More recently, Alzheimer's research by another co-author of Asthana's study, Dr. Barbara Bendlin of the University of Wisconsin, found through brain scans of middle-aged and older adults that white matter seemed to be damaged. "No one had shown that relationship in living humans before Dr. Bendlin published her paper," Asthana says. "That brought attention to the possibility that white matter changes may be very important in causing Alzheimer's. We wanted to see if this damage is related or unrelated to Alzheimer's disease pathology."

Levels of biomarkers linked to myelin changes

Asthana's study included 71 healthy participants—52 women and 19 men—ranging in age from 48 to 72. The average age was 61.6.

The participants were Alzheimer's asymptomatic but at high risk for the disease because at least one of their parents had it. Asthana explains that any person with Alzheimer's can show changes in myelin regardless of their parents' history with the disease, but that people with a family history are at much higher risk of such changes. His chances of getting Alzheimer's, for example, are up at least 30 percent because his father had the disease, he says.

The researchers used a novel MRI technique that makes it easier to analyze the quantity of myelin content. They tested the participants for four cerebrospinal fluid (CSF) biomarkers consistent with signs of Alzheimer's (beta-amyloid 42, total tau protein, phosphorylated tau 181, soluble amyloid precursor protein). The CSF, which is in the brain and spine and acts as a cushion for the brain's cortex, was extracted with lumbar punctures.

The scientists found widespread changes in myelin content associated with increasing age, including in areas of the brain such as the frontal white matter. The findings showed "for the first time to our knowledge," the researchers write, that lower concentrations of beta-amyloid 42 and higher concentrations of total tau protein, phosphorylated tau 181, and soluble amyloid precursor protein, and their ratios with beta-amyloid 42, are closely linked to changes in myelin content.

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"Furthermore, we show that the age-related decline in myelin content is influenced by the levels of CSF biomarkers," the researchers explain. "These findings provide further evidence of white matter involvement, and particularly myelin content, in Alzheimer's pathology and suggest that such changes may be one of the earliest characteristics of the disease process."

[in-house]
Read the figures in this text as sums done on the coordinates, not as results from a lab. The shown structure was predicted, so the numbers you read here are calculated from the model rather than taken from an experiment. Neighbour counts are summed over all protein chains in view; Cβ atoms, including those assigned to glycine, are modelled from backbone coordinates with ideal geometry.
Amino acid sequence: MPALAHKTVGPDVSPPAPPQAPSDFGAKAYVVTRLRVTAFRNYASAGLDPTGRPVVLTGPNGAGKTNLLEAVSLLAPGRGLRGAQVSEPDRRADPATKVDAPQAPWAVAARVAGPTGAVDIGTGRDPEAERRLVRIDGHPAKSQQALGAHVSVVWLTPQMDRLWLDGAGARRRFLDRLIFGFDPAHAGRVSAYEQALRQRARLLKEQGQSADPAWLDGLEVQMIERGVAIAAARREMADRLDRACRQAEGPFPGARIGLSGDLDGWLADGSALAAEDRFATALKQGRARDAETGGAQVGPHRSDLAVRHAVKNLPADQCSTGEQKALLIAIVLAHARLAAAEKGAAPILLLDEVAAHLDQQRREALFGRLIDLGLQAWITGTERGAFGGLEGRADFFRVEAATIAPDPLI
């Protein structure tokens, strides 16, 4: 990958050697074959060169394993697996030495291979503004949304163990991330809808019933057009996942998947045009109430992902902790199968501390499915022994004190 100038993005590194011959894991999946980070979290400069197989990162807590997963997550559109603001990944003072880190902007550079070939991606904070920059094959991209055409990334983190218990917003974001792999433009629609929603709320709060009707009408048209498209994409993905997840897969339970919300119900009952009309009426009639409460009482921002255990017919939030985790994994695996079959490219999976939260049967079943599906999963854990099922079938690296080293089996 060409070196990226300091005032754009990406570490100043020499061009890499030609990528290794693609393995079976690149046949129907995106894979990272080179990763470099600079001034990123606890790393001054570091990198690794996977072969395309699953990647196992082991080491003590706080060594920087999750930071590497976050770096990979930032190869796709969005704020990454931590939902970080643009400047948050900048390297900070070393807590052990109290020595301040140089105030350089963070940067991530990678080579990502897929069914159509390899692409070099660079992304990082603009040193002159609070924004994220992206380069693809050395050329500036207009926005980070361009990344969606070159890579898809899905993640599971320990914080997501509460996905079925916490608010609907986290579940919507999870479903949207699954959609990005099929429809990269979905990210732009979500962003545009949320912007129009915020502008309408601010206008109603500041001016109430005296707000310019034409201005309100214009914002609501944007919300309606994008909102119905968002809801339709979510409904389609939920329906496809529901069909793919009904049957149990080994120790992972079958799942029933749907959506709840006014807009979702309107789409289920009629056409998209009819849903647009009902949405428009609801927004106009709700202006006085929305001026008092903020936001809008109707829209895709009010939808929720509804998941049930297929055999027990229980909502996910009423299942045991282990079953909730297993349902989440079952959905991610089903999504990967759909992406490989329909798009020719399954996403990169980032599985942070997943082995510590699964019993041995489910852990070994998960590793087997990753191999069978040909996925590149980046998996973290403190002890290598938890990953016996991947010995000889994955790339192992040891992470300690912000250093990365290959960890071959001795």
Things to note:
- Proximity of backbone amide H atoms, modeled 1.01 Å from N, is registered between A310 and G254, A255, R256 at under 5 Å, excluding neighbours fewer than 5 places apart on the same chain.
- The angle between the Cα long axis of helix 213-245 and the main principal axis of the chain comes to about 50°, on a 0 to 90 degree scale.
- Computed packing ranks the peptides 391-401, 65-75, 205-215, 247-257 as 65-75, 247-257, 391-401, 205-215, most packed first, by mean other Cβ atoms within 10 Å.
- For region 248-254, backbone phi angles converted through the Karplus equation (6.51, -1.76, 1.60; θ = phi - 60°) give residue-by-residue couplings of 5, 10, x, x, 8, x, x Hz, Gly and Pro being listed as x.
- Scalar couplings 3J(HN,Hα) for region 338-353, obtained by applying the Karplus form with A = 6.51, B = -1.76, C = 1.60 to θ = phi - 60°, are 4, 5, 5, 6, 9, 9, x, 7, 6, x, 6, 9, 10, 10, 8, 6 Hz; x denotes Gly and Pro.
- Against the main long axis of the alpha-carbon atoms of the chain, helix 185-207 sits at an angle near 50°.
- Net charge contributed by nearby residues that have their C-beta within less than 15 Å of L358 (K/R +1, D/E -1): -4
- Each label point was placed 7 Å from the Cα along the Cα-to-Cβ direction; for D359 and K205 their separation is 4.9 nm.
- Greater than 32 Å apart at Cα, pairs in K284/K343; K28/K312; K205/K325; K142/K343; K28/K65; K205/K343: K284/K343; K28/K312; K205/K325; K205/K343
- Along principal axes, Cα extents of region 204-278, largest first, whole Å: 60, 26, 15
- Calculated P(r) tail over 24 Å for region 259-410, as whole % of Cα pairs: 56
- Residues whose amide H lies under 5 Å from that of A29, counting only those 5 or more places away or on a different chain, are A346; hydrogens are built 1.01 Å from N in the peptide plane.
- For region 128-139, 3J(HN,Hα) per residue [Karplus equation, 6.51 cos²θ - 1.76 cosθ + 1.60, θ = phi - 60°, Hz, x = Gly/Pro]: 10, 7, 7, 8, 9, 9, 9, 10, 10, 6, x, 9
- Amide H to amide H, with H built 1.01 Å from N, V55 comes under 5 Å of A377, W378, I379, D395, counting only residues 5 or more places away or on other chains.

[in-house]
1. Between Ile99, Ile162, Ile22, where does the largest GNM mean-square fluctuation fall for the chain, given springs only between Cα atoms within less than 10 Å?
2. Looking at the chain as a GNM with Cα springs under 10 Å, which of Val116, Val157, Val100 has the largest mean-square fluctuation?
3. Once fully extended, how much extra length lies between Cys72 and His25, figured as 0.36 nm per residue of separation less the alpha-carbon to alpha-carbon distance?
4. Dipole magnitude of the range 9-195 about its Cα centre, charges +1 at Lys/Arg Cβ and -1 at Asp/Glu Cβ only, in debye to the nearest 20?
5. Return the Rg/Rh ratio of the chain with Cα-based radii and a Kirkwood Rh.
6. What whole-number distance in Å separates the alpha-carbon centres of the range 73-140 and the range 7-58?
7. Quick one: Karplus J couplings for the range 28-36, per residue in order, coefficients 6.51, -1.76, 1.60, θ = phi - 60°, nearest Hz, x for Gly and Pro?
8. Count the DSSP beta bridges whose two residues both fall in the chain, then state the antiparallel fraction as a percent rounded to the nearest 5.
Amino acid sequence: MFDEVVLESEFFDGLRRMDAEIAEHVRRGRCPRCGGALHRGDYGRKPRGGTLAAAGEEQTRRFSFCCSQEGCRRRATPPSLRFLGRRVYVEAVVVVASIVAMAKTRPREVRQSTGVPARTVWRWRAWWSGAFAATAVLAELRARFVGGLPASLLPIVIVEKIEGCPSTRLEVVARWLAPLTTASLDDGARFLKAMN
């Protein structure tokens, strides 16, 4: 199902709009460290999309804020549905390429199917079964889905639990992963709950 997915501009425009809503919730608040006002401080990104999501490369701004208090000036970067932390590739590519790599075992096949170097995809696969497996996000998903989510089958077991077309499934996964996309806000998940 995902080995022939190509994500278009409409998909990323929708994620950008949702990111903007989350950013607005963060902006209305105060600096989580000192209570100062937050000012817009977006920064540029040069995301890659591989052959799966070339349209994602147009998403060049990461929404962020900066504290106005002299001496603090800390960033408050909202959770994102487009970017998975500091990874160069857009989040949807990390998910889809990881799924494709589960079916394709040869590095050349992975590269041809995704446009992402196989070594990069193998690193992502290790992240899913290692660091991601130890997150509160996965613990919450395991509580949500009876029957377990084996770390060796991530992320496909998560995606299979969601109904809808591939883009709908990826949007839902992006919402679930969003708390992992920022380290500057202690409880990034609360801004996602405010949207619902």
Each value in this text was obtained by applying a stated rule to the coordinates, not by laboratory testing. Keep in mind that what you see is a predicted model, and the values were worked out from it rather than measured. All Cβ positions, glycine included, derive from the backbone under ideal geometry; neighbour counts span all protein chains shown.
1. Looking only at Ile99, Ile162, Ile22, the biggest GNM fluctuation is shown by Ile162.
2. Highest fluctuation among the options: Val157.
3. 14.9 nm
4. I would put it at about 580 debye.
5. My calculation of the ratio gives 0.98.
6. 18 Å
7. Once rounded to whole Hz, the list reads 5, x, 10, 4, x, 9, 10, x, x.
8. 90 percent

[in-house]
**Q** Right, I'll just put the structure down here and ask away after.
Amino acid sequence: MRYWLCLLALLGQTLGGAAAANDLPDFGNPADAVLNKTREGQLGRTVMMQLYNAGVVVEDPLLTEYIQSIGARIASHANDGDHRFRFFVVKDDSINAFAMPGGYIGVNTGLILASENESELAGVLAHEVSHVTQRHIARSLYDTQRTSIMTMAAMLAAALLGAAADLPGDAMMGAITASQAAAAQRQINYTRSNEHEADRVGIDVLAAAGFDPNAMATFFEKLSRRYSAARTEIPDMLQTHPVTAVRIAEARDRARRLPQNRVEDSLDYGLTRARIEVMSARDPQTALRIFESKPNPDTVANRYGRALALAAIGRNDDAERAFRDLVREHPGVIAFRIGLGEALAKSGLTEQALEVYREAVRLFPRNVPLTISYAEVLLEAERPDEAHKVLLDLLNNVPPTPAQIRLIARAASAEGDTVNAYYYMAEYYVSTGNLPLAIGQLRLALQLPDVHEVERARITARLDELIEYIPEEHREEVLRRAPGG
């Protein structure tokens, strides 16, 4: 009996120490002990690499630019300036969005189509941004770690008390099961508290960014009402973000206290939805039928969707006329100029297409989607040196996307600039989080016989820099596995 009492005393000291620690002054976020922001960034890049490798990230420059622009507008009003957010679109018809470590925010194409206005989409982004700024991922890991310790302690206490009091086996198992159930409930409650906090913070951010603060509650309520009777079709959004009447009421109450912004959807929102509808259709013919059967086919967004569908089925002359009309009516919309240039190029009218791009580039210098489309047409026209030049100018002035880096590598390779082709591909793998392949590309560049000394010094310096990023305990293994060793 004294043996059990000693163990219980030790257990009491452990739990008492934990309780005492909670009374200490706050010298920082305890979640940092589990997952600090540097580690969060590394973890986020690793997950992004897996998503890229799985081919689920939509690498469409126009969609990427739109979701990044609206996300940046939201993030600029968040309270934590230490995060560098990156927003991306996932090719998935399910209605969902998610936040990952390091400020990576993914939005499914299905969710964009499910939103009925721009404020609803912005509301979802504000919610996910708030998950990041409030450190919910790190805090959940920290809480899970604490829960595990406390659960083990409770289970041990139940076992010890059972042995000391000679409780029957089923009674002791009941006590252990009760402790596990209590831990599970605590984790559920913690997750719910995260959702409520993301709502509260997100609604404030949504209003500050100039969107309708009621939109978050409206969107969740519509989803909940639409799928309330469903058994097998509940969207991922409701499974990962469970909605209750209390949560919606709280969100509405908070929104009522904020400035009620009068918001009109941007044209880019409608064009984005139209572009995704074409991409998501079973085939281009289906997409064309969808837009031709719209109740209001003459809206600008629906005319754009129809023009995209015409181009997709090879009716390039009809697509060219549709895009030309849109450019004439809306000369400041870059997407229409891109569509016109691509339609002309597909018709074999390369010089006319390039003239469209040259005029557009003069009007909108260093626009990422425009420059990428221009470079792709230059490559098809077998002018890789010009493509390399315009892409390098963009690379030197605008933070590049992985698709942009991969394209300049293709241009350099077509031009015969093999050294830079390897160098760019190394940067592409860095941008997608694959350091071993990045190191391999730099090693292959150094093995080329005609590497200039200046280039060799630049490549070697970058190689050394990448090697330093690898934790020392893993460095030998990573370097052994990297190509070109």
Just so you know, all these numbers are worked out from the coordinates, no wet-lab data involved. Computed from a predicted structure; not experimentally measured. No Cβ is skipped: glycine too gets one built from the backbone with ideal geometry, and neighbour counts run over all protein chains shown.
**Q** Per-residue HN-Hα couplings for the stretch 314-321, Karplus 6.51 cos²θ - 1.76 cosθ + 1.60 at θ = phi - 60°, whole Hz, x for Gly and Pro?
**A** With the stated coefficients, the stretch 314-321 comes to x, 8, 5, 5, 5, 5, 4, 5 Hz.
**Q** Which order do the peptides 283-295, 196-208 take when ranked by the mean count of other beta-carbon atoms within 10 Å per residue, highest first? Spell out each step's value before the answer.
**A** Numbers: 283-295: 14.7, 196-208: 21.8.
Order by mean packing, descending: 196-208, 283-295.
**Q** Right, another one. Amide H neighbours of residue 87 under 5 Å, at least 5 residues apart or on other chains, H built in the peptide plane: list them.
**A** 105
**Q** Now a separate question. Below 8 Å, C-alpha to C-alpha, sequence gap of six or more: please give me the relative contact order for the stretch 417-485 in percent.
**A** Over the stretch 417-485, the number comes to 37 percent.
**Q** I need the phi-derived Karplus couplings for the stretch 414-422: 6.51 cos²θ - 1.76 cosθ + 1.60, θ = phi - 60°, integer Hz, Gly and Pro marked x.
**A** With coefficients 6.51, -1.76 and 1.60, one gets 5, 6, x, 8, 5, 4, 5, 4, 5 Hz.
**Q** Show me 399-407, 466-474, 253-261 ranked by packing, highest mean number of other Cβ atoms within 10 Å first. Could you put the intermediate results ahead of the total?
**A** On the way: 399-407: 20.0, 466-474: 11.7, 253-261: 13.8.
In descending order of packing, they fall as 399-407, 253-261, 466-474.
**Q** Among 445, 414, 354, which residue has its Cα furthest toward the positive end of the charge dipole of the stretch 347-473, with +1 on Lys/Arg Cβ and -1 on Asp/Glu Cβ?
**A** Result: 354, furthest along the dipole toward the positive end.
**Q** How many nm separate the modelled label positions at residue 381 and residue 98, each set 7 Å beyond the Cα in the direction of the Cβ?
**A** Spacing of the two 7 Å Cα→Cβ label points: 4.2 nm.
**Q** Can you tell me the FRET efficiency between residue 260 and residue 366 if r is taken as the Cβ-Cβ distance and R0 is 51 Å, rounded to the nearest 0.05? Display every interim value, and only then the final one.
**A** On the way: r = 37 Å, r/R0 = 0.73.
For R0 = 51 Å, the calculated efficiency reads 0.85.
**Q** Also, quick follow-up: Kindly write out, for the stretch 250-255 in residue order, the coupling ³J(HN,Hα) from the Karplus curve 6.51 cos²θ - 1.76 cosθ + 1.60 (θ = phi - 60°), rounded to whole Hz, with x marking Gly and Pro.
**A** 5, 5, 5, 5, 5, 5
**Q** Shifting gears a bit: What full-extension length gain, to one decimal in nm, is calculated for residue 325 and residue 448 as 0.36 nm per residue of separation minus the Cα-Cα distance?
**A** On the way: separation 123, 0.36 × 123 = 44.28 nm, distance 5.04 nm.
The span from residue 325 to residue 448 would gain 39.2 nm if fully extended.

Asthana: "Our sample size was only 71. But as we increase that sample size and as brain imaging and other techniques get more refined and improved, we'll have better measures of damage to myelin."

Asthana and his colleagues were surprised by the findings partly because in Alzheimer's research the widely held assumption is that everything takes place in the gray matter of the brain, not in white matter. "So this in some way established that that is not true," he says.

Clarifying the extent of myelin damage in preclinical Alzheimer's may be informative in understanding the course of the disease and may lead to new biomarkers for prevention and treatment trials, according to the study.

Finding may lead to new treatments

"This is a very important finding obviously because it can hopefully lead to new treatments we can use to target changes in myelin and white matter," Asthana says. "Also, this is important evidence that these are people who have preclinical Alzheimer's. The average age was 61.6. So these are young fully functional women and men."

He adds: "The fact that myelin changes correlate with alterations in CSF suggestive of Alzheimer's pathology is strong evidence that the two are related. However, it does not confirm causality. In other words, it's possible that myelin changes could be due to other causes, but that probability is low."

Asthana says any future treatments for myelin changes may be in the form of drugs, but that simply maintaining a healthy diet and lifestyle will be important, too.

Regarding the Veteran population, VA projects about 218,000 former service members will be diagnosed with dementia in 2017, an increase of more than 40,000 from 2008. Many of those Veterans have Alzheimer's.

Asthana is unaware if Veterans are more susceptible to myelin abnormalities than the general population. But he says they are more likely to have risk factors, namely blast injuries and other types of head trauma that can cause brain damage. "When that happens, the myelin is certainly damaged, so that is one scenario that predisposes them to Alzheimer's disease more so than other dementias," he says.

The researcher adds that Veterans have a higher prevalence of PTSD and other psychiatric disorders that have been shown from VA studies to increase the risk of Alzheimer's. Veterans are also at high risk for Alzheimer's because of vascular diseases such as heart disease, diabetes, and high blood pressure, he says. Vascular diseases narrow vessels that supply blood to the brain, resulting in cell damage due to a reduced supply of oxygen and nutrition.

Positioned firmly in the battle against Alzheimer's, Asthana says much more emphasis must be put on pre-symptom interventions—or else a potential treatment may be unattainable.

"We've found from decades of research that once someone has Alzheimer's symptoms, the brain is damaged to the point where you cannot return it back to improved function," he says. "It's very difficult to do that. That's the reason most of the treatments for AD have failed— because they were started too late. A better understanding of the changes that take place in the brains of people without Alzheimer's symptoms provides the best potential to discover new treatments to either delay the onset or slow the progression of the disease."